Group of friends splitting restaurant bill after eating meal together

(Photo by Ground Picture on Shutterstock)

NEW YORK — Sharing isn’t always caring, especially when eating out with others. If you’ve ever felt like splitting the cost of dinner out with friends was unfair and uncomfortable, you’re far from alone. A third of Americans don’t think the bill should be split evenly if the meals didn’t cost the same amount, according to new research.

A survey of 2,000 adults looked at some of the things people struggle with sharing and found that even with family members, just 26 percent are okay with sharing personal information like passwords and text messages. When it comes to their partner, people revealed that they are likely to share things like clothing (50%) and money (57%), but the same doesn’t always go for food.

Two in three respondents in a relationship said when sitting down for a meal with their partner, what’s theirs is theirs and they won’t share (67%), with millennials as the largest demographic sharing this anti-sharing sentiment (74%).

Conducted by OnePoll in conjunction with Fogo de Chão, the survey also found that people aren’t willing to let just anyone pick off their plate — a fifth of respondents even said they’d have to know someone for at least six months before they feel comfortable sharing food.

When not to ask for a bite

And when eating out with others, nearly half of Americans said someone has tried something off their plate without asking (48%) — but the same percentage are guilty of doing the same.

Sixty-five percent even said that if someone asked them to try their food, they’d immediately think about not inviting them out the next time. Similarly, 46 percent would consider it a deal breaker if they were on a first date with someone who asked to try their food — especially Gen Z (63%) who see this as a major red flag.

Couple sharing spaghetti on date
(© Jacob Lund – stock.adobe.com)

Seven in 10 admitted that ultimately, they reluctantly say “yes” to requests to share food because they don’t know how to say “no.”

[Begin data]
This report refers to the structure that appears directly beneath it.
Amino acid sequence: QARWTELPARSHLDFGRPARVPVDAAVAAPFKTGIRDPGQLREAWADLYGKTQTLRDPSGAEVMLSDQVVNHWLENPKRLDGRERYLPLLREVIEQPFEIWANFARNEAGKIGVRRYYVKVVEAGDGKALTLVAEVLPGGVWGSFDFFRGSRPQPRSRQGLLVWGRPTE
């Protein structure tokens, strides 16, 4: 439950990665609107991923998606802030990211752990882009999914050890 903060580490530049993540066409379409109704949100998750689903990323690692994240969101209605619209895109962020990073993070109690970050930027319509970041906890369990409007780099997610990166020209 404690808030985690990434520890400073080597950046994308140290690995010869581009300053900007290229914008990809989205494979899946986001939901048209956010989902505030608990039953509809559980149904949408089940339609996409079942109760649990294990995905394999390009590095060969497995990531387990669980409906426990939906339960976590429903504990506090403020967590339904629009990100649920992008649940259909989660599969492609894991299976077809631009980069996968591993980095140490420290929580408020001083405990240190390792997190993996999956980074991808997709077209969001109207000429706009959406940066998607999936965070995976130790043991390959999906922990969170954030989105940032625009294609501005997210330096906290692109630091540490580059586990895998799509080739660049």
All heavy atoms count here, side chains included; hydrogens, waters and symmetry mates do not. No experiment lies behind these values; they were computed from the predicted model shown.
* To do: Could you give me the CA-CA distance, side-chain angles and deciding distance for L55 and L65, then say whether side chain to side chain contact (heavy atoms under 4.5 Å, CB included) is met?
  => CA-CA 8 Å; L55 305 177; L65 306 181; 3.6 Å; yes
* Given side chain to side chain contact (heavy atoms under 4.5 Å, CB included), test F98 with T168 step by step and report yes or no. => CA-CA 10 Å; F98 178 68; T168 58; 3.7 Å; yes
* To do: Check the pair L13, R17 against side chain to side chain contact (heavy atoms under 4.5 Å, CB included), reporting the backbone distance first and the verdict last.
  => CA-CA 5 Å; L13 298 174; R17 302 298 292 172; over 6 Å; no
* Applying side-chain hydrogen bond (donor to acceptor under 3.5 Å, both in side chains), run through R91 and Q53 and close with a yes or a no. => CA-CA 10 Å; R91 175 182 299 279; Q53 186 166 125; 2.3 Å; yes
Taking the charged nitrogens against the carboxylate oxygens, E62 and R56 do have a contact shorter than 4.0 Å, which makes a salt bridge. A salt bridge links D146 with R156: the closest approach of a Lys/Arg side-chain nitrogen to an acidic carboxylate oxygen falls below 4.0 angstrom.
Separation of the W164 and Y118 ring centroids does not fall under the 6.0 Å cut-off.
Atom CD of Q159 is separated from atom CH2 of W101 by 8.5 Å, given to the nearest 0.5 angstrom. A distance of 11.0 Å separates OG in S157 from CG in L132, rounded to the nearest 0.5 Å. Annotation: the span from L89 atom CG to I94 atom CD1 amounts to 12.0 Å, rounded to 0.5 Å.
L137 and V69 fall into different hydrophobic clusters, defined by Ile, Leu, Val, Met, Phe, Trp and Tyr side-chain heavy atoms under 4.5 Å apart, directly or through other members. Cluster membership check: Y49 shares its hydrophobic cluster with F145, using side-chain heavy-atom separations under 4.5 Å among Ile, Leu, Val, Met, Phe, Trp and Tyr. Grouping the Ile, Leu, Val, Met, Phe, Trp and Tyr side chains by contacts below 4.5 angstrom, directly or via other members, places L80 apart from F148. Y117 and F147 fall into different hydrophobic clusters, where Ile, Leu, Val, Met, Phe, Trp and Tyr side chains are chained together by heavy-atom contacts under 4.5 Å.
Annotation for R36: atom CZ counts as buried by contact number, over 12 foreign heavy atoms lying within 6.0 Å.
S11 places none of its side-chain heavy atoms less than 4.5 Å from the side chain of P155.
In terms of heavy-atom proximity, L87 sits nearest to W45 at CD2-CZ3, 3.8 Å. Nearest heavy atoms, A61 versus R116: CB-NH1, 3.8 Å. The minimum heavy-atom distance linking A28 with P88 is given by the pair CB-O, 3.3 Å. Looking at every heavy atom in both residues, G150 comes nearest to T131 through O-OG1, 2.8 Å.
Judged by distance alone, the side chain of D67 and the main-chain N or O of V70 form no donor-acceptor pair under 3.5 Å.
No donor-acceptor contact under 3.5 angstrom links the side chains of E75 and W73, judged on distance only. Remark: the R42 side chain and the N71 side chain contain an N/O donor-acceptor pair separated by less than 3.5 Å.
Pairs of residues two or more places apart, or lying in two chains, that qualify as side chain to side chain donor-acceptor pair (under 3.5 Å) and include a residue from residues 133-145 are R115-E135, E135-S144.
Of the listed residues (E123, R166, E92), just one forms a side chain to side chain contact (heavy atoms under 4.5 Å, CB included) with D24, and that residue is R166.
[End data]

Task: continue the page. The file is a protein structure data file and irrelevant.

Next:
“When you’re enjoying a great meal, it’s only natural that you don’t want to share a bite, even with your closest friends and family,” says CEO of Fogo de Chão Barry McGowan, in a statement. “Dining out should bring people together to bond over the discovery of trying new and delicious foods and the shared experience, without needing to share plates.”      

While main courses are typically off-limits, 63 percent of people “always” or “often” order shareable items for the table when eating out.

Perks of sharing food

Even though many don’t like to share, respondents agree that it can have perks. Nearly three-quarters said they want to try new things when eating out but are afraid they won’t like them enough (73%).

When sharing with others, people enjoy the benefit of being able to try different foods (35%) and not having to commit to one menu item (19%). However, those surveyed noted there are rules around food-sharing etiquette (57%) like sticking a piece on the other person’s fork (23%) or passing it on a separate plate (22%).

And the rules for trading are completely different. Half of respondents have ended up trading their entire meals with someone because they liked their food better (49%). “Generosity is at the heart of Brazilian hospitality,” says McGowan. “Sharing the experience of a meal, specifically something you’ve never tried before is a great way to bond and create connections and memories with friends, new and old.”

Survey methodology:

This random double-opt-in survey of 2,000 general population Americans was commissioned by Fogo de Chão between Feb. 3 and Feb. 7, 2023. It was conducted by market research company OnePoll, whose team members are members of the Market Research Society and have corporate membership to the American Association for Public Opinion Research (AAPOR) and the European Society for Opinion and Marketing Research (ESOMAR).

About Sophia Naughton

Meet StudyFinds' Associate Editor, Sophia Naughton. Sophia graduated Magna Cum Laude from Towson University with a Bachelor of Science in Mass Communication directly focused in journalism and advertising. She is also a freelance writer for Baltimore Magazine. Outside of writing, her best buddy is her spotted Pit Bull, Terrance.

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1 Comment

  1. Amy says:

    I have noticed that when people eating at a restaurant expect they’ll be sharing meal costs equally, they’re much more likely to order appetizers, desserts, and beverages. In other words, people are prone to taking advantage of others even in socially enjoyable situations.
    Non-drinkers are at a massive disadvantage in these situations because non-alcoholic beverages cost $3-4 max (usually less), while alcoholic beverages start at $3-4 and can go MUCH higher, depending on the restaurant.
    If it isn’t obvious, I’m in the “pay your own bill” camp.